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Wednesday, July 20, 2022

Average weighted actuarial value in the ACA marketplace: about 77%

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How much exposure to out-of-pocket costs are ACA marketplace enrollees subject to, compared, say, to enrollees in employer-sponsored plans?

Exposure varies widely, according to income and metal level choice. The deductible for a marketplace enrollee with household income below 150% of the Federal Poverty Level ($19,320 for a single person) who selects a silver plan is likely to be zero (the median) or under $150 (the average), with an annual out-of-pocket maximum averaging about $1,200. For a single person with an income just over 250% FPL ($32,201), that silver plan will carry an average deductible over $4,700 (though many services, including doctor visits may not be subject to it) and an out-of-pocket max likely over $8,000. For a bronze plan enrollee at any income level, the deductible will probably top $7,000, with an out-of-pocket max near the highest allowable, $8,700.

What about actuarial value -- the percentage of the average enrollee's costs the plan is designed to cover? In employer-sponsored plans, AV averages 85-86%, according to the Kaiser Family Foundation. In the ACA marketplace, according to my calculations below, the average AV obtained by 2022 enrollees in 2022 was 77.4%. Marketplace AV ranges from 94% for silver plan enrollees in the lowest income category to 60% for bronze plans (and about 57% for the 0.6% of enrollees who select catastrophic plans, for which subsidies are not available).

Tuesday, July 12, 2022

How prevalent is underinsurance among ACA beneficiaries?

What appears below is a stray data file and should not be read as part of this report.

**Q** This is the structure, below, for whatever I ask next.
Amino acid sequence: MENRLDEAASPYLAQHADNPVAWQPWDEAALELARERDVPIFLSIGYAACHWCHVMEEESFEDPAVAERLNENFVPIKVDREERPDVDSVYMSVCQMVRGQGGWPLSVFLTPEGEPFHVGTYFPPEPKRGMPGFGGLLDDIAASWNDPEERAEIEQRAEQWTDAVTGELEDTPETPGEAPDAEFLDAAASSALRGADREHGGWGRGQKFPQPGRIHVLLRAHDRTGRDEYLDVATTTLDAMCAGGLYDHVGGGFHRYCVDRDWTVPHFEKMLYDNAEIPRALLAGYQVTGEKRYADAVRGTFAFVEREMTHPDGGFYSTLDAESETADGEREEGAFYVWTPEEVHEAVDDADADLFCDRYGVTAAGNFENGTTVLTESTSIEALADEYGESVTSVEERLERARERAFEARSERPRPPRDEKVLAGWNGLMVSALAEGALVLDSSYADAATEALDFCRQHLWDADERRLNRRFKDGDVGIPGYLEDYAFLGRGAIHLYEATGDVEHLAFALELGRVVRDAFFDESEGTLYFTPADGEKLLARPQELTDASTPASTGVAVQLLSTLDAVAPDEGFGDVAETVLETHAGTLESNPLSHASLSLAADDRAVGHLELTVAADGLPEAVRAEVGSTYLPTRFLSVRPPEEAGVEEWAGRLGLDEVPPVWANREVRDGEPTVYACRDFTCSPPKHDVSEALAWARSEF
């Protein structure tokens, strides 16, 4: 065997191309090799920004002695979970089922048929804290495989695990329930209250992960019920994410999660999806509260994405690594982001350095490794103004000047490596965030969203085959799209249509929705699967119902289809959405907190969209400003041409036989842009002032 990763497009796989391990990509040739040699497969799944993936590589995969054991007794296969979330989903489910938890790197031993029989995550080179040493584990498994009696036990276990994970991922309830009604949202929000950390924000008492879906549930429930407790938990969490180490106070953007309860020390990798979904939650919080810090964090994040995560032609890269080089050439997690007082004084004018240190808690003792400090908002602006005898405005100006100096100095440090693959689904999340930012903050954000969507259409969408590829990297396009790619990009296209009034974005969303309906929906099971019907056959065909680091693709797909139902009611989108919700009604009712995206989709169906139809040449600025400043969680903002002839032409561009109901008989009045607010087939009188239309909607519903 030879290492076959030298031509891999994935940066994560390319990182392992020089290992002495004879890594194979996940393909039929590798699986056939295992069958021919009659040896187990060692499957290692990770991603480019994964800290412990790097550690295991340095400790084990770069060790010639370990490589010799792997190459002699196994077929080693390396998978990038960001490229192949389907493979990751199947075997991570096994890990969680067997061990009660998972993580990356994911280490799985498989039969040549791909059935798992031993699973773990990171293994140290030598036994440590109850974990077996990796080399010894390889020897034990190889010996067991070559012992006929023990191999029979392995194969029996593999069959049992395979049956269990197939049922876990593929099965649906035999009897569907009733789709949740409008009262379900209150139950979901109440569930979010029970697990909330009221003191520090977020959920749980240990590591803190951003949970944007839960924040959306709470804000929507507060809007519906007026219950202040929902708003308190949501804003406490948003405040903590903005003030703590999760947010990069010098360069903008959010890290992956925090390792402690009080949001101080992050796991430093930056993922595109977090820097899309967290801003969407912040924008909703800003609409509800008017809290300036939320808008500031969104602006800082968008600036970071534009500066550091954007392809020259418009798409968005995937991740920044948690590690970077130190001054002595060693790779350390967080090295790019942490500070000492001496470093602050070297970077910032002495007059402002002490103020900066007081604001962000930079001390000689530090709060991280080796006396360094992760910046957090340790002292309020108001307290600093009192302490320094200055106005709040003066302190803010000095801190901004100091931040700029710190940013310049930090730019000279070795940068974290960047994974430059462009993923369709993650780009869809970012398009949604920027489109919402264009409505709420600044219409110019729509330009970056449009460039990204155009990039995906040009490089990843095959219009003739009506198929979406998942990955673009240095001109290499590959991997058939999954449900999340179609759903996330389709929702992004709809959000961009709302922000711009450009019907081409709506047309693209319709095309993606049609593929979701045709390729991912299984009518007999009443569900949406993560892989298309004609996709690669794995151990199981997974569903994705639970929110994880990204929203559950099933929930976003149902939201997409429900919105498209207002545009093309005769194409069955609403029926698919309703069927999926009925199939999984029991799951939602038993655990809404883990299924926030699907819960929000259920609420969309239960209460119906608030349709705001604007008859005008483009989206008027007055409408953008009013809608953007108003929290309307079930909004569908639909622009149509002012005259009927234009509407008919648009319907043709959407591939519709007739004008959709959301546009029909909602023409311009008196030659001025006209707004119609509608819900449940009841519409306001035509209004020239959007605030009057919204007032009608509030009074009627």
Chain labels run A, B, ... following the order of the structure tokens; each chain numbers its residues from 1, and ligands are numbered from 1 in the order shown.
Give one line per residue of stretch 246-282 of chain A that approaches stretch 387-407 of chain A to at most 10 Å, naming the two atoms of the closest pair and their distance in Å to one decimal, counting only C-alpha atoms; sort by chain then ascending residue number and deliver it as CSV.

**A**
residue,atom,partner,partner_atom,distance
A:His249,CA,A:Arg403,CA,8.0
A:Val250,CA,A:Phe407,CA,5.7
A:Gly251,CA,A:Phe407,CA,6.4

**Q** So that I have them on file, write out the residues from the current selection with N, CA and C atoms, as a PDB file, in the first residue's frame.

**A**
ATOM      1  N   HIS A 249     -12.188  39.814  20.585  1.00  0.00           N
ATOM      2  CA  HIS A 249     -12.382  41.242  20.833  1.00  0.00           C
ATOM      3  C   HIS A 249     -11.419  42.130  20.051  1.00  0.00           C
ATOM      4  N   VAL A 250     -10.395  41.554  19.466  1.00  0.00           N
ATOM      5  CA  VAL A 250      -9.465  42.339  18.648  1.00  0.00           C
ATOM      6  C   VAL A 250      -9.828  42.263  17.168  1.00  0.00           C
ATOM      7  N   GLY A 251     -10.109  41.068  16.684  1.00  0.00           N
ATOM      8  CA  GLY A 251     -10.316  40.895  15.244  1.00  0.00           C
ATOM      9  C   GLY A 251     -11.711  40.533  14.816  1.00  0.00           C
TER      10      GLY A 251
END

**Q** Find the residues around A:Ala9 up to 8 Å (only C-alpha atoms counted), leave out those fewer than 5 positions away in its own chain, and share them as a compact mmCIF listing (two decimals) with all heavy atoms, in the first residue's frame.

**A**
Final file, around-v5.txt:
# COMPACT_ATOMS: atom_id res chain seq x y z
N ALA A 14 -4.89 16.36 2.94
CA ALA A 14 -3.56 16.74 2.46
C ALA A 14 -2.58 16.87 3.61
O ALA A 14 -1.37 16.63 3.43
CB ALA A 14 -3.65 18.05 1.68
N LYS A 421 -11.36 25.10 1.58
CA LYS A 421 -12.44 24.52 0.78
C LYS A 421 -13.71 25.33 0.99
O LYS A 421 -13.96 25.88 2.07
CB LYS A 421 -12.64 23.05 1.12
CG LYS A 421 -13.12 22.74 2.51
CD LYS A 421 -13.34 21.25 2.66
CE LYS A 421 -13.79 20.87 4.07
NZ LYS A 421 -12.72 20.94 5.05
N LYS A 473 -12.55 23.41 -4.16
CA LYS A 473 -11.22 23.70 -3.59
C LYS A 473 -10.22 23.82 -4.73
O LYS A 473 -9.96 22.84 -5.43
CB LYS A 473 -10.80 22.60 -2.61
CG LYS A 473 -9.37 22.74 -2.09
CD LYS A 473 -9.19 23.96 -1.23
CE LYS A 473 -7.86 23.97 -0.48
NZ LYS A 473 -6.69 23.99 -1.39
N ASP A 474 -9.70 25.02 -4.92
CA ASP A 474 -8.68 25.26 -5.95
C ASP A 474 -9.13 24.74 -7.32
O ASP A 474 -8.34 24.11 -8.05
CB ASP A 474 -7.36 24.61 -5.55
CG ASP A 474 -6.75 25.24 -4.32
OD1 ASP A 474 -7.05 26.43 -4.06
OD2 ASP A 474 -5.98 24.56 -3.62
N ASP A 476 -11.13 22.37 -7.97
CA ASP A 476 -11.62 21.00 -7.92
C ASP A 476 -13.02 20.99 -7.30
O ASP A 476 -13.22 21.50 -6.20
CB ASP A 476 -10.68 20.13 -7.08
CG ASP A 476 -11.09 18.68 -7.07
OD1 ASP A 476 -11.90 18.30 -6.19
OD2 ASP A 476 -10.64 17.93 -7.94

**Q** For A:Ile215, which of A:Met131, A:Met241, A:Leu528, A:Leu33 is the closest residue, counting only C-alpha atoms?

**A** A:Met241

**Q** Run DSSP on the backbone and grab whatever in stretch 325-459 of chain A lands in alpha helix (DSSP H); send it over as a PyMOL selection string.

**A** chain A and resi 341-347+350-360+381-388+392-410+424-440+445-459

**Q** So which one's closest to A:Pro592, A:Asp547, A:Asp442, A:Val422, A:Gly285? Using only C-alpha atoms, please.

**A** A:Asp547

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Big rain, small umbrella

In a New York Times op-ed Aaron Carroll, a physician and highly reliable assessor of data (his Bad Food Bible sifts expertly through a lot of bullshit in dietary research) makes two incontrovertible points about U.S. healthcare:

1. Americans are burdened with uniquely high out-of-pocket costs that induce us to forego need as well as unneeded care.

2. The ACA partly replicated this gaping flaw in our healthcare system, inflicting ridiculously high deductibles and out-of-pocket maximums on a significant number of marketplace enrollees.

But the argument includes what I regard as a slight (and common) distortion of emphasis in his overview of marketplace enrollees' high out-of-pocket costs: 

The average deductible on a silver-level plan on the A.C.A. exchanges rose to $4,500 in 2021. If people tried to buy plans with a lower premium, at a bronze level, the average deductible rose to more than $6,000. Granted, some cost-sharing reductions are available for those who make less than 250 percent of the federal poverty line, but even after accounting for those, the average deductible was more than $3,100 for silver plans.

Monday, July 11, 2022

New Jersey enacts an easy enrollment program for the uninsured